Traditionally the busiest shopping season of the year in the United States, the Black Friday sale is now a tradition as ubiquitous as turkey for thanksgiving—religiously followed by millions of shoppers across the country. It has moved from days of queuing up in front of stores from midnight to online shopping. Ecommerce has effectively replaced an offline tradition with better deals and more convenience.
Spreading The Black Friday Cheer
The Black Friday sale has proved to be a vital addition to the economy, crossing the $1 billion in revenues mark almost every year. Analysts predict a huge rise for 2019 with the Black Friday spending set to surpass $2 billion, with over 62% of customers who plan to shop online actively look for deals during the much-awaited season.
With numbers like these, flawless digital execution of the entire process is a prerequisite and can provide online stores and retailers with an online presence a definite edge over their competition. With billions of dollars up for grabs, eCommerce giants invariably capitalize on the incoming holiday rush with their barrage of offers, discounts, campaigns and so much more.
Tips To Get An Online Store Ready For Black Friday
Here are some tips for your online store that could help you prepare better, avoid errors and make the most of this festive season.
1. Plan Early To Get Ahead Of The Curve
If growing online sales and non-stop customers are on your mind, it is necessary to start with preparations a month before.
Online shoppers don’t always wait for Black Friday to see what sales hit the market. Begin by sharing teaser offers, announcements of new arrivals and create the necessary hype that will give you some serious street-cred as the website to watch for the best deals.
Promote deals and generous giveaways in the month leading to Thanksgiving, show sneak-peeks into major product offers, etc. You might also consider hosting contests online and giving away massive discount coupons early on in the game. This way, you ensure that you will have shoppers on the D-day.
Direct product ads is an example of marketing that can wait until the sale period actually begins. Starting early could deplete your ad budget and hinder expenditure when you actually need to spend.
While it makes sense to hold on to something like direct product ads for later, starting too late could also be an obstacle. It might result in only a few customers seeing your ads. Past advertising data is the best way to analyze what might work best for you. For most product-based businesses, targeted ads at the time of the sale help supercharge an already booming sales event.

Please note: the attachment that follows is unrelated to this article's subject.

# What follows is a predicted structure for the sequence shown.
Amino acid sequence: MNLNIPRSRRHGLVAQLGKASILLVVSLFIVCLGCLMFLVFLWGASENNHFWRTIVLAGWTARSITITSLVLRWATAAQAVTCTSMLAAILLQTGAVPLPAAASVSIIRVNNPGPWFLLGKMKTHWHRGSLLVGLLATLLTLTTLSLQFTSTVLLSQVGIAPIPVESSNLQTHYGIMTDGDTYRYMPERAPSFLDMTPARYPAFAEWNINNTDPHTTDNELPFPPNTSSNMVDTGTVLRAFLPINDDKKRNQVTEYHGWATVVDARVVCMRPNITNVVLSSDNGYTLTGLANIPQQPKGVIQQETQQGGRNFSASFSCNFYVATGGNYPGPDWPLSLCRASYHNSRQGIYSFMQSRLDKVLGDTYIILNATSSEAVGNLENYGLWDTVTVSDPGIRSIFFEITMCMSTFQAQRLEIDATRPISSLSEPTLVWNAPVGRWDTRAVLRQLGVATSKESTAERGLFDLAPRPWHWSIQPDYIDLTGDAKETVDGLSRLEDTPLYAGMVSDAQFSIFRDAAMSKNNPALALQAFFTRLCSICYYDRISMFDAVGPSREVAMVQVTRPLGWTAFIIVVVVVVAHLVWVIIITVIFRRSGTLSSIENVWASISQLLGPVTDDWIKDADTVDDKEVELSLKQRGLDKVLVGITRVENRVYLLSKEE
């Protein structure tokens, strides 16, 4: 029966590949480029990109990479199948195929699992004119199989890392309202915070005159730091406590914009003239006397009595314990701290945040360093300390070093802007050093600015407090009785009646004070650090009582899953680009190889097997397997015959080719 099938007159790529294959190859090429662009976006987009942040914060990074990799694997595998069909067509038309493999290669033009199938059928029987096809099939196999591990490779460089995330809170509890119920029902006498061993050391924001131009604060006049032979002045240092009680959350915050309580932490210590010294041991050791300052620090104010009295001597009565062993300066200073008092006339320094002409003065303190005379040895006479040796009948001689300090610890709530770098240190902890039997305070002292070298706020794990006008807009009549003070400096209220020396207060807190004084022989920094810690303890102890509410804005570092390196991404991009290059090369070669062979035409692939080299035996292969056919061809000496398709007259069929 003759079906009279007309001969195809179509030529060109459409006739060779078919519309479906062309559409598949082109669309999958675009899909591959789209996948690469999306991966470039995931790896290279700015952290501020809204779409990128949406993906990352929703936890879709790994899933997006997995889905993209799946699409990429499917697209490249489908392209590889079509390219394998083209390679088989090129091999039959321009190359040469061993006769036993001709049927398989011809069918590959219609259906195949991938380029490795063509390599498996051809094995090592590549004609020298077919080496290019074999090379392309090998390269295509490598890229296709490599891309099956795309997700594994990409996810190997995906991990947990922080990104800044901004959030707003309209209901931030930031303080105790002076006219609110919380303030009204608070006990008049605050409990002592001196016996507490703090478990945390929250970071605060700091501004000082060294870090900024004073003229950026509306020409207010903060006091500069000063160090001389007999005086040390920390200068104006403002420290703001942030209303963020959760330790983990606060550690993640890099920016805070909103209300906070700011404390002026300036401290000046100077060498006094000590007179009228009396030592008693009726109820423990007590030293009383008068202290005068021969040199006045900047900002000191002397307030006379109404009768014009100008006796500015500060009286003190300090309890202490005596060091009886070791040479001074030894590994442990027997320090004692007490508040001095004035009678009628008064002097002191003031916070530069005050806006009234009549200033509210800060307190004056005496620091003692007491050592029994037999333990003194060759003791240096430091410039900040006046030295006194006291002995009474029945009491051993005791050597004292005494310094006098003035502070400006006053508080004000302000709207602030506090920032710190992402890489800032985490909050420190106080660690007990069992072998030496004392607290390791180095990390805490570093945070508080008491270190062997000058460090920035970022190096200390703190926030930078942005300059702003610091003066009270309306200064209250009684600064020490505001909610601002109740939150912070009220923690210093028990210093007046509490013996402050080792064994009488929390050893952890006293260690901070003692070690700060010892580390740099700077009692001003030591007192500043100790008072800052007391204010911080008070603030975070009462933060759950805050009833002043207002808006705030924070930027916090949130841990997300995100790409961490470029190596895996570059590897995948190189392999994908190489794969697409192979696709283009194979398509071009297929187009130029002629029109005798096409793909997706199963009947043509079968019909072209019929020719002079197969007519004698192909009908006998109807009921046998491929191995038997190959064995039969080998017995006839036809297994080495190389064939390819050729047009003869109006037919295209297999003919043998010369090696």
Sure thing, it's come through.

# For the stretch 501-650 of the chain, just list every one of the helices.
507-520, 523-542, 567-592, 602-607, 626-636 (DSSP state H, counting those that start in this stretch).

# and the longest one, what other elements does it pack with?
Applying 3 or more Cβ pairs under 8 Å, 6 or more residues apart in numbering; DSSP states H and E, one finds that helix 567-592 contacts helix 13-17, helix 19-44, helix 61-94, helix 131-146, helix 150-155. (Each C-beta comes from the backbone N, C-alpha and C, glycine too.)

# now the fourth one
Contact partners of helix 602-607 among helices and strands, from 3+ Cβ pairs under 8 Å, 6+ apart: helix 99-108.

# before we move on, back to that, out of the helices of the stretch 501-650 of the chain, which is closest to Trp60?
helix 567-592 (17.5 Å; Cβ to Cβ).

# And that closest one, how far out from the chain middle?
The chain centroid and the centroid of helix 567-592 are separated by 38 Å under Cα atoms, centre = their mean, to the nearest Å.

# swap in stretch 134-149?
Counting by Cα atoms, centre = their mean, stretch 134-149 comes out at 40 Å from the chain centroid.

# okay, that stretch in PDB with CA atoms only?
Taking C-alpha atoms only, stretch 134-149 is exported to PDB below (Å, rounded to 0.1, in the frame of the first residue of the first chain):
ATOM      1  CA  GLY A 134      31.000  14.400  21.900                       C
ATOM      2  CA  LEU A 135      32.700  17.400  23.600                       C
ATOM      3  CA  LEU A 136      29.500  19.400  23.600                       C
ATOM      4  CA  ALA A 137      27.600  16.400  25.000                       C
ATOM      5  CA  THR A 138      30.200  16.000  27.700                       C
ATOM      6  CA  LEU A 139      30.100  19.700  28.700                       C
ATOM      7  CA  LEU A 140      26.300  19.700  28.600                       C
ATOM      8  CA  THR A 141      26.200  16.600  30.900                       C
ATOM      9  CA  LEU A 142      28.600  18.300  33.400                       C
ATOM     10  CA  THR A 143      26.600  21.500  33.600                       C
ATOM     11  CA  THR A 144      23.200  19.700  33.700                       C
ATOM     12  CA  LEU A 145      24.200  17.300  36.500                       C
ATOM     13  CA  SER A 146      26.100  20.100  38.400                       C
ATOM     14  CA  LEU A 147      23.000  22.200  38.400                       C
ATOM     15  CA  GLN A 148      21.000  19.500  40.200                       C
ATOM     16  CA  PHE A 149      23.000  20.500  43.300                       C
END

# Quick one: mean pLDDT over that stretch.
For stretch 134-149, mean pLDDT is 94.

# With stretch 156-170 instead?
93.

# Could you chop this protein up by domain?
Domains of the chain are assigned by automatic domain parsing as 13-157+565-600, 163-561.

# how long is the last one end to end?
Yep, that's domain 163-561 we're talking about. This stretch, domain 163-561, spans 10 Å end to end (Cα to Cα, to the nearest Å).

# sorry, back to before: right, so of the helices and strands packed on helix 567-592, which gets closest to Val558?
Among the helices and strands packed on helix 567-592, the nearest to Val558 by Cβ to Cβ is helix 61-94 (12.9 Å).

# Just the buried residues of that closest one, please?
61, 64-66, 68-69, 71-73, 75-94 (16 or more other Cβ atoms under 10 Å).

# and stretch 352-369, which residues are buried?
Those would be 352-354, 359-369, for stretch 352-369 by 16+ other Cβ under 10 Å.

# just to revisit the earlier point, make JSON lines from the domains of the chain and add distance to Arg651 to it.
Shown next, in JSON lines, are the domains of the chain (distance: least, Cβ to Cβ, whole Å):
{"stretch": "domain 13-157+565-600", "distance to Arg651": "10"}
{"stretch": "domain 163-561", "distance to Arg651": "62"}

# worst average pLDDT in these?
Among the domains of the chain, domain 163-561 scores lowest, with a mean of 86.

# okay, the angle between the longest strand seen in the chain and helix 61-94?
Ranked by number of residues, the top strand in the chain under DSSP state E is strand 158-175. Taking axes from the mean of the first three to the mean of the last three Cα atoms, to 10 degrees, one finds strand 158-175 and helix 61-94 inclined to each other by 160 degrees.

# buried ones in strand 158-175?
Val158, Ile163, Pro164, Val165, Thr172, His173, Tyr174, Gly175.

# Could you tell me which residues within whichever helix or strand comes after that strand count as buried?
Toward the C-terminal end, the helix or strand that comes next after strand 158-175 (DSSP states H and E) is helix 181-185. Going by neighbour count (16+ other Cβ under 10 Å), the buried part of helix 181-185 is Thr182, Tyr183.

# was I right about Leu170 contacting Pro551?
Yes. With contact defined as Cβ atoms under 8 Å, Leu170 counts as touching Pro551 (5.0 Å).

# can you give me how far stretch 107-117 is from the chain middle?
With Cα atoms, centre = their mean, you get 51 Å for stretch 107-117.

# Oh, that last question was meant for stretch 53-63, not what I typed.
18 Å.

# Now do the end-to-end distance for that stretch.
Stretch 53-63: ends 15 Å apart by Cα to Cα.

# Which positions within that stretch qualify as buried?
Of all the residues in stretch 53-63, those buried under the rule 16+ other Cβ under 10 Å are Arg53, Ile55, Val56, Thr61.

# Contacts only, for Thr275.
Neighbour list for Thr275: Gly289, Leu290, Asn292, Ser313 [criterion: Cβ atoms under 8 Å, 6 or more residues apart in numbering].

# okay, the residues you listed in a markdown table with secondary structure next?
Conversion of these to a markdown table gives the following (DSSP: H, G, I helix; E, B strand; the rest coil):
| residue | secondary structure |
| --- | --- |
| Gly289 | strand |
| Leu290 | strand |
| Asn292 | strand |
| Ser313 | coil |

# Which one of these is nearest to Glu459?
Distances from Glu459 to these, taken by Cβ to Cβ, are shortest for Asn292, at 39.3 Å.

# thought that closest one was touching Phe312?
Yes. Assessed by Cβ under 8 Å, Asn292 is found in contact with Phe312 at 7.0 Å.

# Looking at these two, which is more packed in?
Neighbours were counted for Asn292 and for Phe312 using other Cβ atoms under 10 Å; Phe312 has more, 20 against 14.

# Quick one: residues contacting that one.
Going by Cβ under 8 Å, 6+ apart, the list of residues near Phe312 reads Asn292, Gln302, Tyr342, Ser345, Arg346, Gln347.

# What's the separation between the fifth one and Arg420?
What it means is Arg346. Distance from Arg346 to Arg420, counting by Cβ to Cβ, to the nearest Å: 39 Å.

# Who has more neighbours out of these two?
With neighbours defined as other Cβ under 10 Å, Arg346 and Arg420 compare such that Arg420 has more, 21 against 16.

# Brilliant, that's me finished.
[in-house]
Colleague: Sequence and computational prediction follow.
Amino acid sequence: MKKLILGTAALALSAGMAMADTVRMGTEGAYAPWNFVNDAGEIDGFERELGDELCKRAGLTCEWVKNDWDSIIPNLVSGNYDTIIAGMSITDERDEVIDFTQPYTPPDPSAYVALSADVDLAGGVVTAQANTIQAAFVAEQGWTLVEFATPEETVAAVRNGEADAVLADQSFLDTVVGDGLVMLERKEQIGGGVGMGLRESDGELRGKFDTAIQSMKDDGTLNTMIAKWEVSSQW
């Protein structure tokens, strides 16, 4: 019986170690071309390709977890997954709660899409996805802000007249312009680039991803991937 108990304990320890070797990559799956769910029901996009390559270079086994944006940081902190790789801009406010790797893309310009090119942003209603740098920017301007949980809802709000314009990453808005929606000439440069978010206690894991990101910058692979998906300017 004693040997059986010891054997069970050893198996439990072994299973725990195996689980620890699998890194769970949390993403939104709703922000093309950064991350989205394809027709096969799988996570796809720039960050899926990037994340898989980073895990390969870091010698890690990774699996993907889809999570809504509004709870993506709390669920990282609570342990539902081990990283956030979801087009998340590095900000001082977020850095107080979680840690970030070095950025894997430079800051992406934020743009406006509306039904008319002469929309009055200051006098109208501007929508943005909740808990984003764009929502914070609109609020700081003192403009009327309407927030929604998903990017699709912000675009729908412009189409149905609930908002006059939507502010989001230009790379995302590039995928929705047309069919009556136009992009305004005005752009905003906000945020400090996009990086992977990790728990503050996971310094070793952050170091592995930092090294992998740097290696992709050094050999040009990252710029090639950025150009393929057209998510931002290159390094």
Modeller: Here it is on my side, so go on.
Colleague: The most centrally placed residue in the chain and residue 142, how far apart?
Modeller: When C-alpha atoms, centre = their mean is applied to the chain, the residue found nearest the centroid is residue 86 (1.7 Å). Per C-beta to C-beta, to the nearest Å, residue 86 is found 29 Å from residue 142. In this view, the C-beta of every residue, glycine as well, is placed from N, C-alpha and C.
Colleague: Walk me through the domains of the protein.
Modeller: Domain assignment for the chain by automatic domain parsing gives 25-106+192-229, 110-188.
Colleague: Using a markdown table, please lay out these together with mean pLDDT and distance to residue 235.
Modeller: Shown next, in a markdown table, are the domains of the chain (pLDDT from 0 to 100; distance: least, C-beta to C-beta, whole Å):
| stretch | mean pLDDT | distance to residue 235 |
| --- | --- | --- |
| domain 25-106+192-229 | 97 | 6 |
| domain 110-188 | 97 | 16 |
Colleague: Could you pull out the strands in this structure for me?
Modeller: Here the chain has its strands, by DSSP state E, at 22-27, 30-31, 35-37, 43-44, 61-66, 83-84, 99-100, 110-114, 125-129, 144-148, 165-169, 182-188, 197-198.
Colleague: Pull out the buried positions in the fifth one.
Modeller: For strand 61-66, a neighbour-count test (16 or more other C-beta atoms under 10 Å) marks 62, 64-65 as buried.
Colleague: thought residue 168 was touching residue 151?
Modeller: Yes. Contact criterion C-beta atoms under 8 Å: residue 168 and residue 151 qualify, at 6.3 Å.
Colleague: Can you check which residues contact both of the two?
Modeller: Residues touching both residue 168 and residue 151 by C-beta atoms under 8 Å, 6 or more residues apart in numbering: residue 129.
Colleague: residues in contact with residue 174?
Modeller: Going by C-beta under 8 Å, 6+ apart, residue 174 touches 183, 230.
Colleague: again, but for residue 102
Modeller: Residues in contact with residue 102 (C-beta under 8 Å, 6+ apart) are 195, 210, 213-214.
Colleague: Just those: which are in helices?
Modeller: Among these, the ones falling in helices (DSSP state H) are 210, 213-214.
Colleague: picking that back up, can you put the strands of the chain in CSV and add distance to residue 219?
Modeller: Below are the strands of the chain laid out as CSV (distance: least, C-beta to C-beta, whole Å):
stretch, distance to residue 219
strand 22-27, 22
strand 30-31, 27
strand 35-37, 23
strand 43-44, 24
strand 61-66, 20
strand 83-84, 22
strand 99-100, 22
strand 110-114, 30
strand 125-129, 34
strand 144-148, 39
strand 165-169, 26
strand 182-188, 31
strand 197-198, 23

2. Get Your Site Ready Ahead Of The Big Day
A guaranteed online spike during the busiest shopping season of the year can sometimes lead to bad site performance. Having a website crash while a customer is shopping can be damaging to your credibility and bottom line.
Around 50% of shoppers have said that they’re unlikely to return to a slow website or one that doesn’t perform as they had expected it to. It is important to test your server site’s load capacity and have test runs to ensure that it can fully function on the days required.
A few other things worth considering are how your site performs on a mobile device, the time it takes for a product page to load, the ease and security of the checkout experience and the site’s UX. If you’ve got time, try and define the simplest path from discovery to checkout and implement this on your site. Consider making guest checkouts an option and add in a friendly returns policy for maximum online sales.
Review your SEO strategies to boost search results. Be up to date with the latest trends, and do keyword searches on Google Trends for innovative and new terms that could be used for product descriptions.
3. Clearly Mark The Limited Stock On The Website
There is nothing worse than knowing that the deal you were so excited to click on is, in fact, unavailable. Sometimes during the sale period, products added to the cart also have the tendency to be sold out. Ensure that sufficient stock is available at all times and that the shoppers are aware of its availability, as well as the urgency of checking out.
Indicators like ‘already in 5 other shopping carts’, ‘valid for the next 7 minutes’, etc. can prompt people to buy as opposed to waiting for a better deal.